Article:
Friday, October 07, 2016
An interesting new Yale study measured the partisanship of doctors in different medical specialties. Many specialities split close to evenly between Democrats and Republicans. Overall, doctors who have a party are slightly more Democratic than Republican, 54% to 46%.
At the extremes, though, there are significant differences in partisan alignment by medical specialty.
The two most Republican specialties are Surgery, at 67%, and Anesthesiology, at 65%. The two most Democratic specialties are Infectious Diseases, at 77%, and Psychiatry, at 76%.
The thing that stands out to me is that the doctors who most have to deal with conscious people who talk about lives quite different from the doctor's own are likely to be Democrats. The doctors who deal with unconscious bodies whose lives they need to know the least about are likely to be Republicans.
Some have speculated that Republicans go into the highest paying specialties for the money. I think, though, that is is more likely that Democrats are more likely to chose to deal with patients most harmed by the way they live and have been acted on. Care for the Harmed is a core liberal value.
Wednesday, October 05, 2016
One battle in the vice-presidential debate between Tim Kaine and Mike Pence was over Pence's claim that Vladimir Putin was a stronger leader than Barack Obama.
Kaine said a dictator could not be a "leader." Pence said Putin had a bigger impact on world affairs than Obama, so therefore was the stronger leader.
Authoritarians fear that their world is threatened. They see the options as black and white, want a muscular response, and reject contrasting information. Political scientists have noted that, in past generations, the authoritarian fraction of the population was split between the two parties more evenly. Since the Civil Rights Movement, however, the Republican Party has been courting them. Authoritarians are the core of the Trump base.
To authoritarians, the strong man is what it means to be a "leader."
To a (small d) democrat, by contrast, a leader is someone who can work a compromise among opposing interests to create a functioning consensus. A good leader is one who can see the way forward that serves the varied groups in society, and who has the skill to work the compromise.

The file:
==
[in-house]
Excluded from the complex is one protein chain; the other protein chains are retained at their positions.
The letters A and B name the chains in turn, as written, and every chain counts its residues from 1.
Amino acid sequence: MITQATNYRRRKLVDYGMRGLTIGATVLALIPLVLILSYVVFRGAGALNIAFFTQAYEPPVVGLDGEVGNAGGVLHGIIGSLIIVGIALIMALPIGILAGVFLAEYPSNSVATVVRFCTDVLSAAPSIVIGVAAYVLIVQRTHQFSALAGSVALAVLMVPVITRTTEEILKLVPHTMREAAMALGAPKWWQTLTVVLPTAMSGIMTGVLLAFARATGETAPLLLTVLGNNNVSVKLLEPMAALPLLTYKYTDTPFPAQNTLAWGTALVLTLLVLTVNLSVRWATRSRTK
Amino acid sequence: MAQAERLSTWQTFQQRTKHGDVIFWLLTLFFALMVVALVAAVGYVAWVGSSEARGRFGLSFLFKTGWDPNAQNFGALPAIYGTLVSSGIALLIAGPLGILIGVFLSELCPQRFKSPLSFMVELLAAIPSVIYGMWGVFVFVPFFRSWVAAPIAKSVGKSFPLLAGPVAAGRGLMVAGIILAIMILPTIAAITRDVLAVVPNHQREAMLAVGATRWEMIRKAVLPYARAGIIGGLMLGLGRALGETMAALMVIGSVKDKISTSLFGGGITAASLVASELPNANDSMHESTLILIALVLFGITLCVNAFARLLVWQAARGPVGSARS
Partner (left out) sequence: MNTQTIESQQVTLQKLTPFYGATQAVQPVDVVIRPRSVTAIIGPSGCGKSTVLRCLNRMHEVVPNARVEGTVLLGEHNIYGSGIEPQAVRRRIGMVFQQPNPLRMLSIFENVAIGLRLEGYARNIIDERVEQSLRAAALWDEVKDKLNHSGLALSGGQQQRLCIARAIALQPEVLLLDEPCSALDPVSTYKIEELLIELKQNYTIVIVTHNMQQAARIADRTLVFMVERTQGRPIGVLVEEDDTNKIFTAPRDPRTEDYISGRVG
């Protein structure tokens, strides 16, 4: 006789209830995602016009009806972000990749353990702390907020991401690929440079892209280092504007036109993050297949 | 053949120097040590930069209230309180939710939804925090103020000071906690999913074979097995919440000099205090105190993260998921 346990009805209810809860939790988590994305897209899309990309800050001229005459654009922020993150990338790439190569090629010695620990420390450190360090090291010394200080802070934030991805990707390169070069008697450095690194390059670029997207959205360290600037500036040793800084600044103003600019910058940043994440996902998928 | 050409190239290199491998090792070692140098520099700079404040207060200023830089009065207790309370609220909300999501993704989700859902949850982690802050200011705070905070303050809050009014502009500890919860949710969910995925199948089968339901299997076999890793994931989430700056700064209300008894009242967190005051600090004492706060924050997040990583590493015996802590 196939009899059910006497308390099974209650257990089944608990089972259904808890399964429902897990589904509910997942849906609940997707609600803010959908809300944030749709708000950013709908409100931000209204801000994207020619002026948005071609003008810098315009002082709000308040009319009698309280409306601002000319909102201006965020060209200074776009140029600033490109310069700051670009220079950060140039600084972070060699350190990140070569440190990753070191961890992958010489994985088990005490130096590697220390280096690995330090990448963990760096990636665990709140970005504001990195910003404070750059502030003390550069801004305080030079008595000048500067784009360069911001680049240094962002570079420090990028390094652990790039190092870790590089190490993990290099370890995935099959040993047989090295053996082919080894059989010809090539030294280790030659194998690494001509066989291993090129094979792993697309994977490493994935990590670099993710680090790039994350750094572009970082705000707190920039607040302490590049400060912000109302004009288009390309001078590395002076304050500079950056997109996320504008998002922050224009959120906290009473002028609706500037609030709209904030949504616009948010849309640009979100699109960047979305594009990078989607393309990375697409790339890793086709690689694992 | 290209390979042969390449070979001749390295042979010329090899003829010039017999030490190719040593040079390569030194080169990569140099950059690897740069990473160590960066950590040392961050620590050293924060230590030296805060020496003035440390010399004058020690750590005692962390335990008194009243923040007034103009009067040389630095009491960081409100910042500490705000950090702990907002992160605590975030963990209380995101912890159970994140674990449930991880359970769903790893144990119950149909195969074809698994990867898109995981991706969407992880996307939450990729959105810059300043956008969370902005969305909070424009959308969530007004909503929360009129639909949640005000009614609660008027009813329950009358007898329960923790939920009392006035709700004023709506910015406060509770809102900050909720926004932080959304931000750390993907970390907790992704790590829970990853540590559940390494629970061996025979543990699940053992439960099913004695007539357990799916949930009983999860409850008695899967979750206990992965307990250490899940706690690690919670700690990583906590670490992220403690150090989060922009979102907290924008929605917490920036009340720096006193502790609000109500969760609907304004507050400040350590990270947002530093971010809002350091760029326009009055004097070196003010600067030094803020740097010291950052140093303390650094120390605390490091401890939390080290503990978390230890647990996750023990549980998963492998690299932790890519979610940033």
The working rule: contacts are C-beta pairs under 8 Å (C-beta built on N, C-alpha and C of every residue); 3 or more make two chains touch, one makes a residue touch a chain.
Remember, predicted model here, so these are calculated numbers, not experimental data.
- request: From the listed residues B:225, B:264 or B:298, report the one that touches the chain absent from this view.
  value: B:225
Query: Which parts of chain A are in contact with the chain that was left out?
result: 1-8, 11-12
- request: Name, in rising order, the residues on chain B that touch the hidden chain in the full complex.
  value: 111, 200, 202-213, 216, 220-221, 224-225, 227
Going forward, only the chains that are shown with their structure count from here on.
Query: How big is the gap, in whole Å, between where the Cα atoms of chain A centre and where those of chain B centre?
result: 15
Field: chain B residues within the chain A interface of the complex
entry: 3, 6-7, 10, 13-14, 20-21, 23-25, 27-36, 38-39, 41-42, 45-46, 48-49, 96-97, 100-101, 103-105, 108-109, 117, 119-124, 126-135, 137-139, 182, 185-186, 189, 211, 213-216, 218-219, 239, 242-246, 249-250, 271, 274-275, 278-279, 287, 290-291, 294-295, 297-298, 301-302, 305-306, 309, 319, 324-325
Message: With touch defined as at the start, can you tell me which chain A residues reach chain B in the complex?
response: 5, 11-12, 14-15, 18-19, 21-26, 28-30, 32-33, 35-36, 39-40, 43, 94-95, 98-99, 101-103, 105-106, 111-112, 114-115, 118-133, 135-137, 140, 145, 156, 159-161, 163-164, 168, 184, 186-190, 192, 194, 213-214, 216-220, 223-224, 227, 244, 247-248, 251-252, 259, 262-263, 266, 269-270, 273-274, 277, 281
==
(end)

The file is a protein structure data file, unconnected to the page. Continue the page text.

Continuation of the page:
Trump and Pence praise dictators as strong leaders, regardless of which policies they impose. Clinton and Kaine reject the idea that dictators can be leaders, because imposing policies is oppressive to parts of society, and undemocratic.
Tuesday, October 04, 2016
When Margaret Thatcher was Prime Minister of Great Britain, she drastically cut support for higher education, and reduced the security that academics there had in their jobs.
The result was a mass exodus of academic talent to the United States.
Today the Nobel Prize in Physics was announced. It went to three British scientists. And where did they do their prize winning work? The University of Washington, Princeton University, and Brown University.
Thank you, Mrs. Thatcher.
Sunday, October 02, 2016
The Democratic Party aims to "care for the harmed", especially those harmed by the government itself. Trump appeals to those who believe that they have been harmed by the government because the government helps those who have been harmed by previous government policies. The Trump people - working class white men, in particular - believe they were in line for the American Dream, and that Democratic "care for the harmed" policies amount to letting other people - women, people of color, gays and lesbians, the handicapped, immigrants - jump the line ahead of them for no good reason. The Trump people are right that they are losing a benefit (a privilege) they used to have. But on this point I think the Democratic Party policy is fundamentally right.
The best Democrats can do to address this real grievance is the plan to reduce the cost of college, especially community college, for the ambitious part of the white working class. I would trumpet that policy right at the Trump supporters.
The harder issue to address is about the effects of globalization. The leaders of both parties are internationalists, for good reason. The world is safer with a free-trade regimen, our national economy benefits, all consumers benefit, and many workers benefit. But not all. Here the Trump supporters have a real grievance, which cannot be easily addressed by either party. Low-skilled manufacturing jobs are not going to come back in sufficient number to re-employ them at family-supporting wages. They refuse to take farmworker jobs, which can fill that gap for people willing to do very hard work (as the immigrants show).